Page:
Easter Musings: How It Was Like Growing Up In A Megachurch - Arts & Culture

“In my head and my heart, all that serving and good intention was going to God, but from an outsider’s perspective it might just look like it’s going to the business of saving souls.”

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Late last year, New York Magazine ran a story in its site The Cut about Rockstar Pastor Carl Lentz’s fall from grace. After admitting to unfaithfulness, he was asked to step down from his prominent position at the New York City headquarters of Australian megachurch Hillsong.

The scandal involving the young minister, most famous outside of evangelical circles as the guy who helped Justin Bieber through a detox phase in 2017, highlights a recent spate of issues coming out of megachurches and other large-scale international ministries. (See Zacharias, Ravi.)

Photo by John Price on Unsplash

There seems to be a growing concern for what happens in megachurches like Hillsong—which, by the way, The New York Times described as a “brand”—from those outside of it. And there is just cause for the curiosity, given a megachurch’s power, influence, resources, and these shady goings-on.

Dominant denominations

But first, a definition. According to the Connecticut-based Hartford Institute for Religion Research, which has been around since 1974, a “megachurch” is one that has an average weekly attendance of more than 2,000, and falls under Protestant or Evangelical beliefs. As defined and conceptualized, it has existed for decades, since around the 1950s.

The Hartford Institute maintains a database of almost 2,000 of these huge churches scattered around the United States, whose membership numbers are quite substantial to say the least. To illustrate this and their influence, a Pew Research Center analysis of the 2016 US Presidential Elections shows that the white born again/evangelical vote significantly helped Donald Trump win against Hillary Clinton.

In Asia, megachurches are not as many in terms of organizational count, but attendance can be just as staggering. South Korea’s Yoido Full Gospel Church—who most recently came under fire in the news for peddling pocket cards that supposedly protected people from COVID—lists 480,000 registered members and is considered the biggest megachurch on Earth. It began in 1973 and has a weekly average attendance of 200,000 in Seoul alone.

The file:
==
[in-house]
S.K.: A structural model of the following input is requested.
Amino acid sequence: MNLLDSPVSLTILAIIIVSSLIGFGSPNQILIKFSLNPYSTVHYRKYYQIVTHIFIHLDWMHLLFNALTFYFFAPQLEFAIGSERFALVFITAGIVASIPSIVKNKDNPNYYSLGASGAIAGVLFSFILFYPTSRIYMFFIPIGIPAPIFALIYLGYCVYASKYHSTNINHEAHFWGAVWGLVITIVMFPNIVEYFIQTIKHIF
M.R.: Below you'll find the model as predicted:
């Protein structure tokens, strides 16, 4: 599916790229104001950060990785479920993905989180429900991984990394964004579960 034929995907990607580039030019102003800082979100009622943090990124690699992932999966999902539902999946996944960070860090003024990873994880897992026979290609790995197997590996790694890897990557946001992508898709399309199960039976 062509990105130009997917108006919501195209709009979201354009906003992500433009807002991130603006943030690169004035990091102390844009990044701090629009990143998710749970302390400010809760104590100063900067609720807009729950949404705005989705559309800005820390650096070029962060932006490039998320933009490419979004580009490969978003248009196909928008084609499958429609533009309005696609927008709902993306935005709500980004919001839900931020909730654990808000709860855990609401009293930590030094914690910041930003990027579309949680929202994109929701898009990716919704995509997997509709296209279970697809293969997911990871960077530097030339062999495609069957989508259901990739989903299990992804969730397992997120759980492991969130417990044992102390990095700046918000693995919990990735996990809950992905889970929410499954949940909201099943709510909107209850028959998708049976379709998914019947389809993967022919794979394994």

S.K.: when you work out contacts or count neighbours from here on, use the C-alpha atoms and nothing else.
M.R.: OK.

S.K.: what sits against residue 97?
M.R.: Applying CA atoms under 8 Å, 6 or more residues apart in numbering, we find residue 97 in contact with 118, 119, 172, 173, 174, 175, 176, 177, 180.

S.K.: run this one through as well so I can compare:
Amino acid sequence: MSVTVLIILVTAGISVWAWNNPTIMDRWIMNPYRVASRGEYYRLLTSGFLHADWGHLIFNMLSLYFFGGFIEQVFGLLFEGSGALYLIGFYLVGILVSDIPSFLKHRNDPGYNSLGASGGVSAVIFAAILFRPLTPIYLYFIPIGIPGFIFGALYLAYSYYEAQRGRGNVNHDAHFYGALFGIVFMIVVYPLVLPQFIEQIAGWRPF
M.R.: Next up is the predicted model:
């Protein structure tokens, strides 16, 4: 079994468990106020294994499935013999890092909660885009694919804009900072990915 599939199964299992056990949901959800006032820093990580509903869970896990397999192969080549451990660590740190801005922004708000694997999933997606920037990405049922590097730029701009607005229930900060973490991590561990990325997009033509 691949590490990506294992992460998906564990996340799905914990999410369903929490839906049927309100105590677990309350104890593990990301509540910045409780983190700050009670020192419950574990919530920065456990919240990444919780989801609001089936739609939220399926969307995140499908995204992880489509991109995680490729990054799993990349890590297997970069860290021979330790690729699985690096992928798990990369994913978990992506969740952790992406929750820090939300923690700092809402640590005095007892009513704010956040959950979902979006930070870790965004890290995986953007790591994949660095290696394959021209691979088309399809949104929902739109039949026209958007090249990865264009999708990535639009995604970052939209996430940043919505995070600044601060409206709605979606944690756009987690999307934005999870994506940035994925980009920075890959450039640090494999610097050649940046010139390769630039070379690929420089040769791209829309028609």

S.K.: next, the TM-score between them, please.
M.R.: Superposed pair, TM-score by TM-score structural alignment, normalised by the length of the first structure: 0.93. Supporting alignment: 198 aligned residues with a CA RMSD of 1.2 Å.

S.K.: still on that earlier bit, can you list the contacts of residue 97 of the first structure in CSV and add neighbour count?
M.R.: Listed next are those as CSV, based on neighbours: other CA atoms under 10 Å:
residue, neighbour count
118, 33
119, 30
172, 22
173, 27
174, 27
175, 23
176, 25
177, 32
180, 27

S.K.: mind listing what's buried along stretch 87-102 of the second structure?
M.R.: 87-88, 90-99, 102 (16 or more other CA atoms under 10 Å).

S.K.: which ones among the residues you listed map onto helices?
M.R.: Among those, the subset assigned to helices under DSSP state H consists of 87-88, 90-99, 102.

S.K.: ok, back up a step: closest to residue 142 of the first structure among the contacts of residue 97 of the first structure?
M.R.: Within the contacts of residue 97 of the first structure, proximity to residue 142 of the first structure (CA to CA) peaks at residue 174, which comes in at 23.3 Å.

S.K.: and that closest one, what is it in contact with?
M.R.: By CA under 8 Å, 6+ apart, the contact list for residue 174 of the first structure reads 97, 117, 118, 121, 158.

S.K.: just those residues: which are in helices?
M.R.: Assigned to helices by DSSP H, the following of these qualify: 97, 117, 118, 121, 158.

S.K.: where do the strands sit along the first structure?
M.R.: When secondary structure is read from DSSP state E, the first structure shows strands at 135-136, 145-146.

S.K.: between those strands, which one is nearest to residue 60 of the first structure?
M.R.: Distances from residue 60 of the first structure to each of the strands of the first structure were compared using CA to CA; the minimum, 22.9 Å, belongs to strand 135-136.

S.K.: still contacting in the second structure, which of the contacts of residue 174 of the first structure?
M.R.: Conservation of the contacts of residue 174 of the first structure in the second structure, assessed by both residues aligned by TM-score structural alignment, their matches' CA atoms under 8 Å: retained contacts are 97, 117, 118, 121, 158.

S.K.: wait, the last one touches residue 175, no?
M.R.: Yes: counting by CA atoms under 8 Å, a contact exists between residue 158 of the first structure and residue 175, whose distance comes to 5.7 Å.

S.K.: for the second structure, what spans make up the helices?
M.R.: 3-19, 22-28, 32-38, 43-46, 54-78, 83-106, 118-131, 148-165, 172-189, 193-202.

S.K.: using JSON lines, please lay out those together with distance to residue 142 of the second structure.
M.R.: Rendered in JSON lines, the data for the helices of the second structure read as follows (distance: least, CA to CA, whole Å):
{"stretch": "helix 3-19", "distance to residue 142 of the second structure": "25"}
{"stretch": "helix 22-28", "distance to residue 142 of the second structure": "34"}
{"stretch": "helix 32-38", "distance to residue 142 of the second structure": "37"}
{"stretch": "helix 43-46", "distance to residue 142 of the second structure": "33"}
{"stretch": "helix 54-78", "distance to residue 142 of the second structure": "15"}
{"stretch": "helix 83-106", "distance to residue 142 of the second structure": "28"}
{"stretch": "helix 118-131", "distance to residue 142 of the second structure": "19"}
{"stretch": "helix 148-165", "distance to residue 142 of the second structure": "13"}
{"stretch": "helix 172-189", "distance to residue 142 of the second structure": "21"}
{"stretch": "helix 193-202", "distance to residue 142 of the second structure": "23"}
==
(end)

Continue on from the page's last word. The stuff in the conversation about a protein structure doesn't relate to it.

There are also megachurches identified in India, and our regional neighbors Hong Kong, Indonesia, and Singapore.

Downtown church

The church I used to go to, which I won’t name here, is Pentecostal, and certainly qualifies for the definition as laid out by the Hartford Institute. At one point, it had a weekly attendance of around 30,000 people spread across different campuses and branches.

My mother attended the church as a little girl, as it has been around since the 1950s and was referred to as the downtown church in Manila. As such, my connection to both the place and the people there is deeply personal and spans generations. The kids I went to Sunday School and performed in Christmas musicals with now have children of their own to bring to services and theater rehearsals.

Having attended week in-week out for a majority of my life, I’ve seen many chapters in the church’s narrative arc through the decades.

I have vivid memories of the old, dusty auditorium, with its woeful blue carpet, uncomfortable wooden pews, and rickety chairs. I have also been part of several ministries under it, and a was both a youth and choir leader.  

Photo by Edward Cisneros on Unsplash

Relentless growth

One thing that megachurches seem to have in common is the relentless drive for growth. The need to spread the good word and, more importantly it seemed sometimes, to have them join the church is ingrained in everyone early on.

There is no shortage of evangelization efforts and the goal is ever present on the minds of those who are active in the ministry. After each pop-up campus concert or prison outreach, the number of people evangelized is announced promptly in the next service. There are also constant comparisons of “souls saved” versus that of last year, not unlike an MLM sales pep rally around a quota deadline.